From Earlham Cluster Department
Tensions dealing with race
Unfortunately, technology, in the broadest terms, has made previous attempts at solving this issue. I am referring to a social/city engineering, whether it be the Jewish ghetto’s from the Holocaust or the contemporary gentrification of modern cities. However, most of these have had tremendous reverse effects and polarize the problem. I believe one solution could hinge on science and tracing individuals genes and heritage. George Schuyler wrote a fiction novel Black No More. It explores the hypothetical situation of scientific formula wherein a black person may change the color of their skin and pass as white. Obviously, the novel is a satire, but what I find prevalent in a realistic solution is a prefatory quote that speaks to the notion that, in America in the 1920s, it would be unrealistic to find a person completely white or completely black. I think science and the concise study of human genomes could present actual evidence showing that any ‘pure race’ is a false idol. From a humanities perspective, racism, xenophobia, etc. is a huge roadblock to our current limitations of science and technology. As we addressed in class, we have the science to currently solve a lot of the world’s problems but for one reason or another choose against implementing them. Now, this may not solve the problem to do with capitalism, but it is my belief there is still and underlying issue of racism, wherein first world nations like the United States look negatively at the third world nations be it Africa, South America, or the Caribbean. You may think this is a bit of a leap, but a friend recently told me an anecdote he learned in a science course at the University of St. Andrews. There used to be a huge problem with mosquitoes in Georgia, Alabama, and the Carolinas. They used a spray, forgive me for not remembering the exact name, that was extremely effective in killing off mass amounts of mosquitoes and decreasing the problem drastically. However, there were chemicals involved that could be harmful for the human population. Once the problem was taken care of in the United States the product was then banned worldwide. I believe it is more than just coincidence that it was made sure the problem be taken care of in the States, without affording a place like Africa the same opportunity, and today we see the continent still struggling with the spread of disease through a massive mosquito population.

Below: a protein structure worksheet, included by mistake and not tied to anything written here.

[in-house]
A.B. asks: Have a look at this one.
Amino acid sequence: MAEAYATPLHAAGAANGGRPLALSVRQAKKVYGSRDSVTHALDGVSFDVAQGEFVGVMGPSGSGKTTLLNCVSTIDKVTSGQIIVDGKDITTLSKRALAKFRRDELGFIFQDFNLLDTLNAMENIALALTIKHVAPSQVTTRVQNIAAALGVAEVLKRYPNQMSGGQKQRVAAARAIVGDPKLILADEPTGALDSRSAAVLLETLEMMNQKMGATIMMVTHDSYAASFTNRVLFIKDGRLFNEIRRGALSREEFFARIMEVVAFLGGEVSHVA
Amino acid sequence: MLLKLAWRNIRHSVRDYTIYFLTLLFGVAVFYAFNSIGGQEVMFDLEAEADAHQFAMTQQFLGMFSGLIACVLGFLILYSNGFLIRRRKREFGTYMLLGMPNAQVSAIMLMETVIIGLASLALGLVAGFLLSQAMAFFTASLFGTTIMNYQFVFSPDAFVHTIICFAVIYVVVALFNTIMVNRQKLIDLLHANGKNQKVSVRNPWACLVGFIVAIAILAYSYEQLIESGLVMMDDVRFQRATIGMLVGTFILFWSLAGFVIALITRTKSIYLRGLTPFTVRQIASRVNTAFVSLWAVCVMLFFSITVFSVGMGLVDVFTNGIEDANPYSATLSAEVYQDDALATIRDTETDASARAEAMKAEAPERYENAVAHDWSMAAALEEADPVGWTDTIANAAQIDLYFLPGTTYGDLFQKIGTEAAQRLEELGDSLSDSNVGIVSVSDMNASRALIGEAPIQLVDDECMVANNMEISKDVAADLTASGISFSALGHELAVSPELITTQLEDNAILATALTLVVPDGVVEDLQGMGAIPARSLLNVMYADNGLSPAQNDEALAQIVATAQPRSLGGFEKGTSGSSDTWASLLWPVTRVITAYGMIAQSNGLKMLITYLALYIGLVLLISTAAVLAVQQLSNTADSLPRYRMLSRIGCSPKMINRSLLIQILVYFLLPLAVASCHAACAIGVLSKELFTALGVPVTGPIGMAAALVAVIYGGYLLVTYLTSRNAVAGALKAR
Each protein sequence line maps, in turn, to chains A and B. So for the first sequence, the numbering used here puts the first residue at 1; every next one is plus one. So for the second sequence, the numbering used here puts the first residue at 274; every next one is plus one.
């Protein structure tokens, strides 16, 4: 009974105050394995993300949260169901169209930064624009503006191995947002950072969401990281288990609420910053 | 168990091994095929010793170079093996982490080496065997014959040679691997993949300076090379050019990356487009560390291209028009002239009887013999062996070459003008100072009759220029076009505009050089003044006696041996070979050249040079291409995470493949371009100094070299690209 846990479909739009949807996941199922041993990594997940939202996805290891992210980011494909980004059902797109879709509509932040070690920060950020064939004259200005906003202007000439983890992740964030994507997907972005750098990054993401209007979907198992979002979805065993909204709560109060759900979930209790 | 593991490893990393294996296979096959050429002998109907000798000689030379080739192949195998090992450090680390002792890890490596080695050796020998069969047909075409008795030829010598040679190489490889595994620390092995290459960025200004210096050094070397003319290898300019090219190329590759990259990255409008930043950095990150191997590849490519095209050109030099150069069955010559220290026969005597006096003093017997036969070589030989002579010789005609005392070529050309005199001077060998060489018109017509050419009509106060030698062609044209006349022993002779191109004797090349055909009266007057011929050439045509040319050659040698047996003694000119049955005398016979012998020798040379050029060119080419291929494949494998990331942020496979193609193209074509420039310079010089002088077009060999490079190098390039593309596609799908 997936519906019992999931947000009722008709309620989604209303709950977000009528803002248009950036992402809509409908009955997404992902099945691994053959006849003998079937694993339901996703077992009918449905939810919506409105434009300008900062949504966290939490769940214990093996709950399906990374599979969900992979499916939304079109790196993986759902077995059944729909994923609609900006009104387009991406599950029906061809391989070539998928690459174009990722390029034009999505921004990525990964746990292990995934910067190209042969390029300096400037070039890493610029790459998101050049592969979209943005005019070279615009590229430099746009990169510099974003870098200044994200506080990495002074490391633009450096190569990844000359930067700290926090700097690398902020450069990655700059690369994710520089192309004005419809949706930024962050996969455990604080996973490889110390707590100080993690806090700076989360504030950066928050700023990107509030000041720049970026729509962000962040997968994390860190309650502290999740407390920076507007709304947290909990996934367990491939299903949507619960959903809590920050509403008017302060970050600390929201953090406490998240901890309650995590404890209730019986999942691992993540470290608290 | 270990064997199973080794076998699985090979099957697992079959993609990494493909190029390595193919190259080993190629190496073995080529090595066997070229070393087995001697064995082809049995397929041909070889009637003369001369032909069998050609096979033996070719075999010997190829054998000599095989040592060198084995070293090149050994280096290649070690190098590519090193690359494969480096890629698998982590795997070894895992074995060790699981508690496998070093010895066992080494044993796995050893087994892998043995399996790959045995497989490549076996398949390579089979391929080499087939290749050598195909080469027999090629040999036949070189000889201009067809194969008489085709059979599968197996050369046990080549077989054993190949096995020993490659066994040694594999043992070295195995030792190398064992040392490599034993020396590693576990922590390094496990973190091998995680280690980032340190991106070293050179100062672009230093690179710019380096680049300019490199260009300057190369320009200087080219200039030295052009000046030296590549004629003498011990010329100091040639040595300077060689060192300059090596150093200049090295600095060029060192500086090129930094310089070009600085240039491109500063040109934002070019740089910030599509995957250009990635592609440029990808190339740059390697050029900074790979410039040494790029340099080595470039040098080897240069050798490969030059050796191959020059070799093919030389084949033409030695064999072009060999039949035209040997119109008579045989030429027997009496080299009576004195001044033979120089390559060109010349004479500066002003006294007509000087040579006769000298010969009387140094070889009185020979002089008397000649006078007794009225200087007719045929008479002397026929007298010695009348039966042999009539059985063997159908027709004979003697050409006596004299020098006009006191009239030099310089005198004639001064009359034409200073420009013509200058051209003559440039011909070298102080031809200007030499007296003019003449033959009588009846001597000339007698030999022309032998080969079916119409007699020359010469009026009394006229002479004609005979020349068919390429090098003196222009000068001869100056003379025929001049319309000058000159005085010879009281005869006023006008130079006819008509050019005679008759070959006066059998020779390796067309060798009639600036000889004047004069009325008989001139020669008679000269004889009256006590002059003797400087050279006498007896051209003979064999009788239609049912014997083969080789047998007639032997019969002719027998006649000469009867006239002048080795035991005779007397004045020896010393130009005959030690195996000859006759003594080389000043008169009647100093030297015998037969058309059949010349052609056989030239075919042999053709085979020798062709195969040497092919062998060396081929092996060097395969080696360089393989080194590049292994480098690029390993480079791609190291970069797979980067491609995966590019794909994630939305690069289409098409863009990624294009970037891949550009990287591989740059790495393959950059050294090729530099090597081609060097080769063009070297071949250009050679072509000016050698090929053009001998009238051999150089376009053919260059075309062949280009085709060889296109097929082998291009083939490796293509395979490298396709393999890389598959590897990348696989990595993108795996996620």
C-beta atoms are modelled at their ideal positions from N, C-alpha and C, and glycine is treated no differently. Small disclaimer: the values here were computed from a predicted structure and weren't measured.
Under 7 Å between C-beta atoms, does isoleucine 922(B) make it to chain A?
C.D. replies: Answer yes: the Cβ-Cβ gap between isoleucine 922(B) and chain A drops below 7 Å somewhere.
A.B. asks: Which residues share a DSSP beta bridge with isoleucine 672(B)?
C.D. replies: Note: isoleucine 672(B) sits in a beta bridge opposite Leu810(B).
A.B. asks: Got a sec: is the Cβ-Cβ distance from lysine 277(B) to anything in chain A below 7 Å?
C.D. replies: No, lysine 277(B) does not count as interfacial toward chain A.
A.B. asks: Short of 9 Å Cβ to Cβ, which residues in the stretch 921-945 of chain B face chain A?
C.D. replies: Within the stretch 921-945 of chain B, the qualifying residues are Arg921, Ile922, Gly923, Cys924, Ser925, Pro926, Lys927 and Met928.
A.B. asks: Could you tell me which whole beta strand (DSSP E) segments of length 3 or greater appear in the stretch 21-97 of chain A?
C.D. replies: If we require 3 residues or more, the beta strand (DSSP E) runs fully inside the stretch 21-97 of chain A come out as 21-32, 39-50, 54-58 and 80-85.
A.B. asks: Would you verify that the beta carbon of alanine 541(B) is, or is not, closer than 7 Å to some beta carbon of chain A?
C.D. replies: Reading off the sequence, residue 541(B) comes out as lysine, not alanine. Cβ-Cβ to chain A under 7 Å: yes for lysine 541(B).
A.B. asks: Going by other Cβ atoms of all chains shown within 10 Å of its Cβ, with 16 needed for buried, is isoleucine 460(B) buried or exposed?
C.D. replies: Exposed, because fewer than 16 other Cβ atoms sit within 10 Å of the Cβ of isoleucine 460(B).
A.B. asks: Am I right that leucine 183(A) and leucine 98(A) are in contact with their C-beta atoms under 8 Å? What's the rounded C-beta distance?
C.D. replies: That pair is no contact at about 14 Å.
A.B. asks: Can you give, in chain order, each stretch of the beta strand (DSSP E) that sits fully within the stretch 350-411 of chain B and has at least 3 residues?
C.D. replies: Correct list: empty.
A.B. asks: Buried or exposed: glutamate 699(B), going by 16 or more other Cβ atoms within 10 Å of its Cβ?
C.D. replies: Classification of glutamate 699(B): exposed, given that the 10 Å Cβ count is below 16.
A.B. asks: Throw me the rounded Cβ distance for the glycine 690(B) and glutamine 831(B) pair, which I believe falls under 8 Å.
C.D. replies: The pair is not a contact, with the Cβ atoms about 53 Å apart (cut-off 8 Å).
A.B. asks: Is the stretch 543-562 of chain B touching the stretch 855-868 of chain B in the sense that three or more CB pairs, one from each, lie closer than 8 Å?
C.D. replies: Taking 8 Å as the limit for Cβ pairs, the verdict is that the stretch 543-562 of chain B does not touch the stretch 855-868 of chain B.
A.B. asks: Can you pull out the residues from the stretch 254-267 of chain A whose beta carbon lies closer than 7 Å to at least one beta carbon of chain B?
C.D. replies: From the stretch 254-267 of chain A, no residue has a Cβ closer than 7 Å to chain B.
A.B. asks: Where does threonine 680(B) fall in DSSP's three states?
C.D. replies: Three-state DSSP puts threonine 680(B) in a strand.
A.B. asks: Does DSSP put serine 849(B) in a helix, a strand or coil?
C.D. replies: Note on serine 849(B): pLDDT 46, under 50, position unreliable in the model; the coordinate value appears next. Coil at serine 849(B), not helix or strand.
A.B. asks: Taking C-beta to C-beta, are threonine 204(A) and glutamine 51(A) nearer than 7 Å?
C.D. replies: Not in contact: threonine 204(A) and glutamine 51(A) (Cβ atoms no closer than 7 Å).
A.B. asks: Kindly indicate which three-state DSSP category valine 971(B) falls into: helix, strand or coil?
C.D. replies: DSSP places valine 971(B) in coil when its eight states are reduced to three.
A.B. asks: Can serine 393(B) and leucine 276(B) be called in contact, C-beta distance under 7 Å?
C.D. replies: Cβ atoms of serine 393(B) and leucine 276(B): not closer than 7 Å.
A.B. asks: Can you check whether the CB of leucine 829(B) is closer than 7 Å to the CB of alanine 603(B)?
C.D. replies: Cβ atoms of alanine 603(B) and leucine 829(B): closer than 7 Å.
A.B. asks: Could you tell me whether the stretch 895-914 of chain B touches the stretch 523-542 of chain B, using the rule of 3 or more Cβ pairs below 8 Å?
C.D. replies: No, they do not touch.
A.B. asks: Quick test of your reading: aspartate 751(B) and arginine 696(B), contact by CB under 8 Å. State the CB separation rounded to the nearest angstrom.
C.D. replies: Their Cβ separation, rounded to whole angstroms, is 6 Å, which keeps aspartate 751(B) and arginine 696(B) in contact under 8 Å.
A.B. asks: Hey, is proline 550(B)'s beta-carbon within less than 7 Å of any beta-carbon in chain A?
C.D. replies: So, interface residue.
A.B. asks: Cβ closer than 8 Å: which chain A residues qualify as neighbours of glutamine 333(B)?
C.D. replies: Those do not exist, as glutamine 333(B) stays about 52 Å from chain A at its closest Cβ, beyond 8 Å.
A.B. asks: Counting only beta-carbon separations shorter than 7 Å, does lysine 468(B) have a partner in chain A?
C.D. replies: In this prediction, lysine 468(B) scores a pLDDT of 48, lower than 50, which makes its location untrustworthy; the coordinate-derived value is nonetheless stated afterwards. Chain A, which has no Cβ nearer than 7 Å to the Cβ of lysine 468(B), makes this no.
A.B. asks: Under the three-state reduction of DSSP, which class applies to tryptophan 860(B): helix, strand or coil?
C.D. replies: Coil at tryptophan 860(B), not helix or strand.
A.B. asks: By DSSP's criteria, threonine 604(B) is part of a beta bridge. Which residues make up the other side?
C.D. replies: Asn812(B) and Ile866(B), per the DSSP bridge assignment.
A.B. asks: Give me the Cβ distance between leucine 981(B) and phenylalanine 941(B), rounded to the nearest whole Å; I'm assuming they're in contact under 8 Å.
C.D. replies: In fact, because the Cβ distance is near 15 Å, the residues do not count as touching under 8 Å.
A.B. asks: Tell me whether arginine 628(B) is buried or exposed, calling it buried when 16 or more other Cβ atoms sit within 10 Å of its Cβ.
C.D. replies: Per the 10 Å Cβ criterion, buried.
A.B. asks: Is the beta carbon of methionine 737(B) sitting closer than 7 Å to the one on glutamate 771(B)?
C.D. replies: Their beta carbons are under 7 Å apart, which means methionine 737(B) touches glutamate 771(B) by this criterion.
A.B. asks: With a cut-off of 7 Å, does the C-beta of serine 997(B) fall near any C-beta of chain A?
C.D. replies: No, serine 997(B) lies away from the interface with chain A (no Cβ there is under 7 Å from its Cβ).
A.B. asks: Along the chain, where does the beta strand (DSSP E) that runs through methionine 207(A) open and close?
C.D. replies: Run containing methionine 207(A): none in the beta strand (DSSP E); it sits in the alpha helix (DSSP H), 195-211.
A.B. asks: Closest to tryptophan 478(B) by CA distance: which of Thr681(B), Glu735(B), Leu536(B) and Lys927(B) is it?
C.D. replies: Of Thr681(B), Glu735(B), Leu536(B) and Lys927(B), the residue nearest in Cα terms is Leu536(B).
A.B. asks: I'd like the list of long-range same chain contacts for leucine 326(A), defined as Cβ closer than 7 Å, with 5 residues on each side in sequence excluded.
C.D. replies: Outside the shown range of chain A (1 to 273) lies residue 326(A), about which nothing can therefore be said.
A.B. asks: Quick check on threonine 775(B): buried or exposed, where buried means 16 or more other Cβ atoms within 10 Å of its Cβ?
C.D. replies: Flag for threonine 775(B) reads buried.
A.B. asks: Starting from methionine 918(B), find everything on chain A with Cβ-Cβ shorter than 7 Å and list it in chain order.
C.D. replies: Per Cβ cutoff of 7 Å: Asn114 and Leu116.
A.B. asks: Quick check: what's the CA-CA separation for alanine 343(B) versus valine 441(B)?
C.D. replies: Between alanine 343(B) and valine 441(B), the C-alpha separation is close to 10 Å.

Accessibility of drinkable water
This is a major problem in the world today that is only highlighted by the recent debacle with the aftermath of the earthquake in Haiti. Although technology may be able to help prevent some of the destructiveness of natural disasters, I am less optimistic of human being able to completely prevent said disasters altogether. As a result, I think there will always be the likelihood of such disasters causing large disruptions to nation/community’s, especially those still classified as ‘developing’, infrastructure. When this occurs one of the first problems that needs to be accounted for is the distribution of clean, drinkable water; next to Oxygen it is the most fundamental factor of human survival. This is an issue that can be attacked through the interplay of science AND technology. For one, science can continue to research the best and most efficient means of water purification. This may likely be the tablet method or some other way, but whatever method it is then technology that needs to be utilized to find appropriate means in which to implement said device. Obviously, one cannot go around to every home every morning and drop tablets into each pot of water, there has to be a better way, and that is where engineers come in. Engineers can also use technology, in a cooperative effort with geoscientists, to find better and more efficient means of harvesting natural fresh water. This would most likely start with the development of more efficient and reliable well systems, something that can quickly be introduced to areas that have recently suffered a dramatic natural disaster. Although my knowledge is limited, I know this is a current focus of programs like Engineers Without Boarders in less developed areas of South America and Africa.